From a comparison of Examples 1 and 2 with Comparative Examples 1 to 15 it may be seen that the resin in accordance with the invention has a significantly higher environmental stress cracking resistance as measured by the Bell test than the resin blends not produced in accordance with the invention. Furthermore, from a comparison of Examples 3 to 6 with the results of Comparative Examples 16 to 19, it may also be seen that the environmental stress cracking resistance as measured both by the Bell test and by the FNCT test is significantly enhanced with the resin blends produced in accordance with the present invention. Furthermore, when the resin of Examples 7 and 8 is compared to the resin of Comparative Example 20, corresponding to a commercially available PE100 compound, it may be seen that the resin produced in accordance with the invention has good environmental stress crack resistance as determined both by the FNCT test and the notch pipe test , and significantly higher creep resistance than that of the Comparative Example. In addition, the resin produced in accordance with the invention has resistance to rapid crack propagation and a Charpy impact energy which substantially correspond to or are greater than those of the known commercially available PE100 resin.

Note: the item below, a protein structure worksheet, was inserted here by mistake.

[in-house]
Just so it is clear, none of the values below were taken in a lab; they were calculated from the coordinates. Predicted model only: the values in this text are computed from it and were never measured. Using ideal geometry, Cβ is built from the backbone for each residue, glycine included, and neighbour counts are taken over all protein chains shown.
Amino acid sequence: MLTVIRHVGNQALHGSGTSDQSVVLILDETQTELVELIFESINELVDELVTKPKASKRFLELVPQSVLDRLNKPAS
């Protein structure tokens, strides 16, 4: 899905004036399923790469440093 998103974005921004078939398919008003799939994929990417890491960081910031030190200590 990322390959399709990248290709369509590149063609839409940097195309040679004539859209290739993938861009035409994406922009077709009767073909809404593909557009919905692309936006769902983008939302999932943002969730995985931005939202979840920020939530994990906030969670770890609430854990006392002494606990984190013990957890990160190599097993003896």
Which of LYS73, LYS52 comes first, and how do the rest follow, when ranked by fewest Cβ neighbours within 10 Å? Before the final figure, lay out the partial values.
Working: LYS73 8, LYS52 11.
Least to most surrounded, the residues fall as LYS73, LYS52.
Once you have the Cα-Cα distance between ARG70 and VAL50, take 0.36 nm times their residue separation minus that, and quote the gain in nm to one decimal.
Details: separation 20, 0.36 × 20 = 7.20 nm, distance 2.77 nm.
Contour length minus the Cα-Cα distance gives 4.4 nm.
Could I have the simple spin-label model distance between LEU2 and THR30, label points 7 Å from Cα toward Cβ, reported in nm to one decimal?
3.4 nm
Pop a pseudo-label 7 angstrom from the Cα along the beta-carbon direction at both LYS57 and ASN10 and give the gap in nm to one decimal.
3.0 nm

Furthermore, it may be seen that the polyethylene resins of the invention have a capillary viscosity μ2 lower than that of commercial PE100 resins which are Ziegler-Natta pipe resins. Accordingly, at higher shear rates the resins of the invention can exhibit improved processability as compared to the known PE100 resins. In addition, the polyethylene resins produced in accordance with the invention also have an ηo.oi significantly greater than 200,000 Pa.s, the typical maximum value for commercially available PE100 Ziegler-Natta pipe resins. Accordingly at lower shear rates the resins of the invention can exhibit improved resistance to sagging for extruded pipes, for example, as compared to known PE100 resins. In addition, the resins produced in accordance with the invention, in general have an ηo.oι/ηι greater than 8, most often greater than 10, which is greater than the maximum value of 8 typically exhibited by commercially available PE100 Ziegler-Natta pipe resins. This again demonstrates that the resins of the invention exhibit higher viscosity at low shear rates and lower viscosity at high shear rates as compared to known PE100 resins. This means that the resins of the invention exhibit in combination not only improved processability, particularly for extrusion of pipes and fittings, but also improved resistance to sagging following pipe extrusion.